A history of economic science in Japan: The internationalization of economics in the twentieth century

Research output: Book/ReportBook

8 Citations (Scopus)

Abstract

Japanese economists began publishing scientific papers in renowned journals including Econometrica in the 1950s and had made their significant contributions to the sophistication of general equilibrium analysis by intensive use of a variety of mathematical instruments. They had contributed significantly to the transformation of neoclassical economics. This book examines how it became possible for Japanese economists to do so by shedding light on the “professional” discussion of the international gold standard and parity policies in the early twentieth century, the acceptance of “mathematical economics” in the following period, the impact of establishment of the Econometric Society (1930), and the swift distribution of theory-oriented economics journals since 1930. This book also includes topics on the historical research of the Japanese foundations of modern economics, the transformation of the economics of Keynes into Keynesian economics, Japanese developments in econometrics, and Martin Bronfenbrenner’s visit to Japan in the post-WWII period. This book provides insight into the economic research done by Japanese scholars in the international context. It traces how, during the period 1900-1960, economics was harmonized with economics and a standard economics was re-shaped on the basis of mathematics thanks to economists’ appetite for rigor and will help to contribute to existing literature.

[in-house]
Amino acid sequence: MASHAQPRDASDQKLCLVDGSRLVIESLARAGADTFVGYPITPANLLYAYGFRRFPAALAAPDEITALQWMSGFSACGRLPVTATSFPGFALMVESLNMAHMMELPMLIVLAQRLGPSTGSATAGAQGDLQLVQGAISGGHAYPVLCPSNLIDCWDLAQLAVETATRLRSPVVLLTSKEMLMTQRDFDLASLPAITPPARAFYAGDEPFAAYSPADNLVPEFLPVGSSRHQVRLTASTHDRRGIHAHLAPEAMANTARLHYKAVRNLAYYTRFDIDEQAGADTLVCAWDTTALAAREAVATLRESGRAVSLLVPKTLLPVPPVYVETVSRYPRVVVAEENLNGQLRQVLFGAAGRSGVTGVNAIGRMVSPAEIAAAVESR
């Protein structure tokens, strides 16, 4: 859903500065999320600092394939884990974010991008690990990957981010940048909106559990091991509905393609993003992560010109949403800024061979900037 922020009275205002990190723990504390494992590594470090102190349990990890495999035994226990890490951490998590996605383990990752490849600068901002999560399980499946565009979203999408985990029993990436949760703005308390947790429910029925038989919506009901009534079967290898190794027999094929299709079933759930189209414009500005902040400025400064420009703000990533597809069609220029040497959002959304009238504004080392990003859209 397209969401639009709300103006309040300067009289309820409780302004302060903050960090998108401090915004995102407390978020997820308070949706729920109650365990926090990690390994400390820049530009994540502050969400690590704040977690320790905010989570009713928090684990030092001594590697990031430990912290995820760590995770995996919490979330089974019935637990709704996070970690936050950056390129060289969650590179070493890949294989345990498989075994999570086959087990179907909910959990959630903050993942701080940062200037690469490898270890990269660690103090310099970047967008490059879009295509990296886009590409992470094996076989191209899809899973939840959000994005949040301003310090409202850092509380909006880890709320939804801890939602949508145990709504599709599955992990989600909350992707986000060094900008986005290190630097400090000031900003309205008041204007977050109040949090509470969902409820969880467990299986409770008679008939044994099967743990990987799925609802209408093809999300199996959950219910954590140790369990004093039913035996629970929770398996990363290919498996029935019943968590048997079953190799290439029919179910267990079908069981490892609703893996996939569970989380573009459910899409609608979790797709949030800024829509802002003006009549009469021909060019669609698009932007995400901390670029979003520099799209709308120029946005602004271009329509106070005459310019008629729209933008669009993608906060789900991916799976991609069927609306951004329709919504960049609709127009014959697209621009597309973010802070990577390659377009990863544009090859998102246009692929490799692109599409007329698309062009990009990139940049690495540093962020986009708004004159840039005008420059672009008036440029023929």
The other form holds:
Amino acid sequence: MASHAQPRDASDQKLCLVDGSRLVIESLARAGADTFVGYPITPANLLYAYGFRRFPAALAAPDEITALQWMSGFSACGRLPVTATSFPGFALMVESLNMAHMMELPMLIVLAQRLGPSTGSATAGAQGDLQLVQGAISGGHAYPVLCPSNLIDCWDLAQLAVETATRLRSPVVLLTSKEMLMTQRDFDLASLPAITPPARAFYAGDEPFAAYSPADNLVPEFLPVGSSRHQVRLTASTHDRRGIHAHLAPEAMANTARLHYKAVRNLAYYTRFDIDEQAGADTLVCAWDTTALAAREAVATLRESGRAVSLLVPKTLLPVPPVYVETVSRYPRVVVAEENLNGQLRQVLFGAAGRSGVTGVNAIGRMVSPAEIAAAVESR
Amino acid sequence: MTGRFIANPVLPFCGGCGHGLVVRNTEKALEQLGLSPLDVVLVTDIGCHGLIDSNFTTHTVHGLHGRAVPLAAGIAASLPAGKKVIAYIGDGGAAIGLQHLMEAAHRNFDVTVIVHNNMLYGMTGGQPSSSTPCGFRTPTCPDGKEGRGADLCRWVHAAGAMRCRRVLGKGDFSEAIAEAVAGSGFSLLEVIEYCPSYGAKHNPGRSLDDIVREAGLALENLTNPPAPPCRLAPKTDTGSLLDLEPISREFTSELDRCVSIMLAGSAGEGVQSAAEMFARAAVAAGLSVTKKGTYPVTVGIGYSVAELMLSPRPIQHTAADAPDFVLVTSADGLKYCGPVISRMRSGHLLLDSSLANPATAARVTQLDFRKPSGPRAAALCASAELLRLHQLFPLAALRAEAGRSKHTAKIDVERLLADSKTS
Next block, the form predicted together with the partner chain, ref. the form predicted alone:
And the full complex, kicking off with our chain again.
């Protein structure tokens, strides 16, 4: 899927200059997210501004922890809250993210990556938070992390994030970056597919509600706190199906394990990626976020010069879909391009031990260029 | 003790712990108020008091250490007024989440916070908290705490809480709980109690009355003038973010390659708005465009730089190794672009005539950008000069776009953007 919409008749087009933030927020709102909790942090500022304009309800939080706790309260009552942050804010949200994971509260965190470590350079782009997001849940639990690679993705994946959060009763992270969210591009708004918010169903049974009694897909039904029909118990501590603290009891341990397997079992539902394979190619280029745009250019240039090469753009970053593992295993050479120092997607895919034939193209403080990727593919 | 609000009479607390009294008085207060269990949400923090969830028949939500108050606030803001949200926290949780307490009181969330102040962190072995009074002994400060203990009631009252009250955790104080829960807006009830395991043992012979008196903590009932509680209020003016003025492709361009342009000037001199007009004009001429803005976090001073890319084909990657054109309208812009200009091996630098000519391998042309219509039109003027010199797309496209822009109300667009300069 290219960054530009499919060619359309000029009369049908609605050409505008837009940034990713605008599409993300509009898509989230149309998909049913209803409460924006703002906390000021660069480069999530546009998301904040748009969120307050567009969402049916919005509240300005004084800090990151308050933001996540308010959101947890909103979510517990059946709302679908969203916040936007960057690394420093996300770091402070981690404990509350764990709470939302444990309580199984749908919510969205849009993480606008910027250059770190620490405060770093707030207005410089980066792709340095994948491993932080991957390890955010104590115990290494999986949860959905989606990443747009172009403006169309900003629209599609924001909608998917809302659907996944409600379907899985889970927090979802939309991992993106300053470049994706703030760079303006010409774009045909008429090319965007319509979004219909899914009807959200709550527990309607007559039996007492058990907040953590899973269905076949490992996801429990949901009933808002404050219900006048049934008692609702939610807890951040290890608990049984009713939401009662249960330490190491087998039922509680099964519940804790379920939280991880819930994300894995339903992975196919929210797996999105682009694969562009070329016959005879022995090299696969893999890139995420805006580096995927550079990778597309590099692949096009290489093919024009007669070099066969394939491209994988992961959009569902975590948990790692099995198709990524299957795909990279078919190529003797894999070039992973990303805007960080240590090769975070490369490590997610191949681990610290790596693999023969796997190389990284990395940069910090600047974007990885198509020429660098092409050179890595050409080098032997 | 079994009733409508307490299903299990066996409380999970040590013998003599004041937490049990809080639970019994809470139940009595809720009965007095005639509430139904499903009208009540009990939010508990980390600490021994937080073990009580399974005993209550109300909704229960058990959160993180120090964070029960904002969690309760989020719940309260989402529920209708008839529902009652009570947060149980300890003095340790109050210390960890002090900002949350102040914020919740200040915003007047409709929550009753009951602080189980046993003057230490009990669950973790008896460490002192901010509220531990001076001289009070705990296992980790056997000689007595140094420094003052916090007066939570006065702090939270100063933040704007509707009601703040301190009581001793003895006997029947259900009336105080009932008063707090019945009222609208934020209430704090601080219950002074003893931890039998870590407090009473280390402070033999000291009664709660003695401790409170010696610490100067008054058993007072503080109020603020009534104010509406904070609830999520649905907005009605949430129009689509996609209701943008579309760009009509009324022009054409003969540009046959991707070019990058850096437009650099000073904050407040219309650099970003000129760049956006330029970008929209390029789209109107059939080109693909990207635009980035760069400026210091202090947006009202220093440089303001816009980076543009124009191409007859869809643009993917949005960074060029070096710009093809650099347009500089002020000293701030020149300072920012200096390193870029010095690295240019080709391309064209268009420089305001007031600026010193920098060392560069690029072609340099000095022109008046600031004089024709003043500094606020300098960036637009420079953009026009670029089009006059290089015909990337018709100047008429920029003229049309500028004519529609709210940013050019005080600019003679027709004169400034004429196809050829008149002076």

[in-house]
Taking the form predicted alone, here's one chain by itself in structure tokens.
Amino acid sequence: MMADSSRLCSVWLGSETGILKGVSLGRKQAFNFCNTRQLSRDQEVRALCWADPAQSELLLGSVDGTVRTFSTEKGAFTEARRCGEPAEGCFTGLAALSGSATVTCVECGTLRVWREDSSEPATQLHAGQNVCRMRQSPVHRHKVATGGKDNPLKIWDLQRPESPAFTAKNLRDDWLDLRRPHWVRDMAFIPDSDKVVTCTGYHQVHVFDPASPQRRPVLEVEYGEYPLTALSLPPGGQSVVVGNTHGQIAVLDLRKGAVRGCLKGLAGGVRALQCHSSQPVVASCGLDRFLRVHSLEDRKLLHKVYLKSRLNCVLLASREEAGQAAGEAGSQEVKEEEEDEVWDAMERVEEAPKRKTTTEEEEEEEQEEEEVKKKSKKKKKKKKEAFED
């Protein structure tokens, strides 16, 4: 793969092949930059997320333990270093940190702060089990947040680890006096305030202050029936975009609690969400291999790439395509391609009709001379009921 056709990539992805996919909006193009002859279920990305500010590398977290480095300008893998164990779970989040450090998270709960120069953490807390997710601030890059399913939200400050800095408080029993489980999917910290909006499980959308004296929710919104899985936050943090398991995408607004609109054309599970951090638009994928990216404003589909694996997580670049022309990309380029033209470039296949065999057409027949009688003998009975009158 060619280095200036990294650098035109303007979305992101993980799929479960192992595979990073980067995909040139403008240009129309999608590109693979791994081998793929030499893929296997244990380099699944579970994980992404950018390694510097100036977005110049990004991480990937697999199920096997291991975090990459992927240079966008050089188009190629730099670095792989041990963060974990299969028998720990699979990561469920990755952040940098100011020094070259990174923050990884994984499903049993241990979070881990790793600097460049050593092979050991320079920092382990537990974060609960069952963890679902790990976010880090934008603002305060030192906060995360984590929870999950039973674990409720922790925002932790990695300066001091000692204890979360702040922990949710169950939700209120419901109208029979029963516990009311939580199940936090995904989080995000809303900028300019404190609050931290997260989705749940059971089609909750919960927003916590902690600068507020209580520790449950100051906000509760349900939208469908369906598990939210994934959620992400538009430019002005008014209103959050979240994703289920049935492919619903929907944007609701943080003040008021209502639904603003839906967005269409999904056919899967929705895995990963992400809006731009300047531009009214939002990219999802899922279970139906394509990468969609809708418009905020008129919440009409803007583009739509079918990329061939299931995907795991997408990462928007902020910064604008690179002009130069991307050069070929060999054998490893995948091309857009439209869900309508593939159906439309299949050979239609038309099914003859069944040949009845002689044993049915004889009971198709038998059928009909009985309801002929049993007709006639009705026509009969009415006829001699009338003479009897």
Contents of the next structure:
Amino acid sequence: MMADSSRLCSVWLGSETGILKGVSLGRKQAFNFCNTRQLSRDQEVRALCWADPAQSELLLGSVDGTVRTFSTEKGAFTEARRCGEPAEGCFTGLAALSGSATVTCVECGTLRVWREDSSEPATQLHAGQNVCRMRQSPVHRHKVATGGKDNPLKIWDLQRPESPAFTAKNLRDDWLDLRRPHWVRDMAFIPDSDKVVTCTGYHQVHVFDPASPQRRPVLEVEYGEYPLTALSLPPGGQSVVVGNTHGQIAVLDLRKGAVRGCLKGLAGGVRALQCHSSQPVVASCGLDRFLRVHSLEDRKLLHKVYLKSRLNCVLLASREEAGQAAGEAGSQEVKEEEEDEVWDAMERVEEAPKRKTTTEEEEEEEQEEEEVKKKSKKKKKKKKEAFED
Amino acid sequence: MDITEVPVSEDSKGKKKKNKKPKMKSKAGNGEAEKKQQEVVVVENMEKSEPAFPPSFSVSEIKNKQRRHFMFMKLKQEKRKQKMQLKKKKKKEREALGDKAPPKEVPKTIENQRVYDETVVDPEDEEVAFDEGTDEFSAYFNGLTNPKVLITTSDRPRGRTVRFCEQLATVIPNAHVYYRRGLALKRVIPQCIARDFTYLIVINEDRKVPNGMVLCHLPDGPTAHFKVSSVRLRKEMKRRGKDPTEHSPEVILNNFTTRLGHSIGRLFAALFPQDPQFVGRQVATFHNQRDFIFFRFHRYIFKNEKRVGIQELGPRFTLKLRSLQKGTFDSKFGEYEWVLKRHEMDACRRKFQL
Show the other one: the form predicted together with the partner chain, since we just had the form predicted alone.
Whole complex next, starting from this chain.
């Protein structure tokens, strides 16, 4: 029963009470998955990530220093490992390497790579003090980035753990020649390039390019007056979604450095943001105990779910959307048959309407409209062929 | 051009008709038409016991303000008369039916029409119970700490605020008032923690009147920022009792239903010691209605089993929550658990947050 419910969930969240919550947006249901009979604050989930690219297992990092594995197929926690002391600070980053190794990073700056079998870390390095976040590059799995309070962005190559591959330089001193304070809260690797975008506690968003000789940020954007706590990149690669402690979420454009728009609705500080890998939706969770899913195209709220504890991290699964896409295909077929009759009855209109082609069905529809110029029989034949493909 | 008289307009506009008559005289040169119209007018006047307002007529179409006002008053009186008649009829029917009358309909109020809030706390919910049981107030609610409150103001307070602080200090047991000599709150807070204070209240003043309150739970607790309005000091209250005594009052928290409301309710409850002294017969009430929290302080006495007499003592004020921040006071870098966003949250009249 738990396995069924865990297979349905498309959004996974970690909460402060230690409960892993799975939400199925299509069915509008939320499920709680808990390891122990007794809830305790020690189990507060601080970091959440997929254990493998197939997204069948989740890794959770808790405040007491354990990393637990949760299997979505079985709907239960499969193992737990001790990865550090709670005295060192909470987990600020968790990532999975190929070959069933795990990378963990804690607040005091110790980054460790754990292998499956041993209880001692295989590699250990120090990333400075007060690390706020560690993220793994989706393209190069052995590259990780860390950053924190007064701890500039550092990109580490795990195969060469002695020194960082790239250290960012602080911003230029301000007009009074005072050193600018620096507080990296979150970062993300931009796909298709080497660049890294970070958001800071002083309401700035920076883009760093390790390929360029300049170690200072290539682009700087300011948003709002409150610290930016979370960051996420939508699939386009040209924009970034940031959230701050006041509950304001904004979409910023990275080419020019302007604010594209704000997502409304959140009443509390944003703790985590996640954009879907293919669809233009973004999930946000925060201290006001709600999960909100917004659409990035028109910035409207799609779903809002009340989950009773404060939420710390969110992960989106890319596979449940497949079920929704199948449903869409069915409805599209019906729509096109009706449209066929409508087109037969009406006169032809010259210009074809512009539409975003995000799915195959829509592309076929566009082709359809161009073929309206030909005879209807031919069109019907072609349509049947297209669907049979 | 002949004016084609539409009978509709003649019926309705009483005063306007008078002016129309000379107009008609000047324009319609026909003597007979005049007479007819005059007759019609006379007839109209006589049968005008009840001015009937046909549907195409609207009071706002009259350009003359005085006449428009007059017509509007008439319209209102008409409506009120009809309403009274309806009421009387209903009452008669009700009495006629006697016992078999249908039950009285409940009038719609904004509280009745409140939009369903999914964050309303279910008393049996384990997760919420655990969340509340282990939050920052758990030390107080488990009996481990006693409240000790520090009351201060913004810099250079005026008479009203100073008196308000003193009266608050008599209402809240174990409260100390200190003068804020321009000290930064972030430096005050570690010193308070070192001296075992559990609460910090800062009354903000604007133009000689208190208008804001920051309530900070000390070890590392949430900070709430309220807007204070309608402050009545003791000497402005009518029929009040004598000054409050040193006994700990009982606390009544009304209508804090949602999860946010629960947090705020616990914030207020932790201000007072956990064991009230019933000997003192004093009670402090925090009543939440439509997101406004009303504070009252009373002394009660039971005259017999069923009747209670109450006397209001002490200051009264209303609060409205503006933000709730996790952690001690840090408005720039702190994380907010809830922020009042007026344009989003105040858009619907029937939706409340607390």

Original languageEnglish
PublisherTaylor and Francis
Number of pages282
ISBN (Electronic)9781315795430
ISBN (Print)9780415634274
DOIs
Publication statusPublished - 2014 Jan 1

ASJC Scopus subject areas

  • Economics, Econometrics and Finance(all)
  • Business, Management and Accounting(all)

Fingerprint Dive into the research topics of 'A history of economic science in Japan: The internationalization of economics in the twentieth century'. Together they form a unique fingerprint.

  • Cite this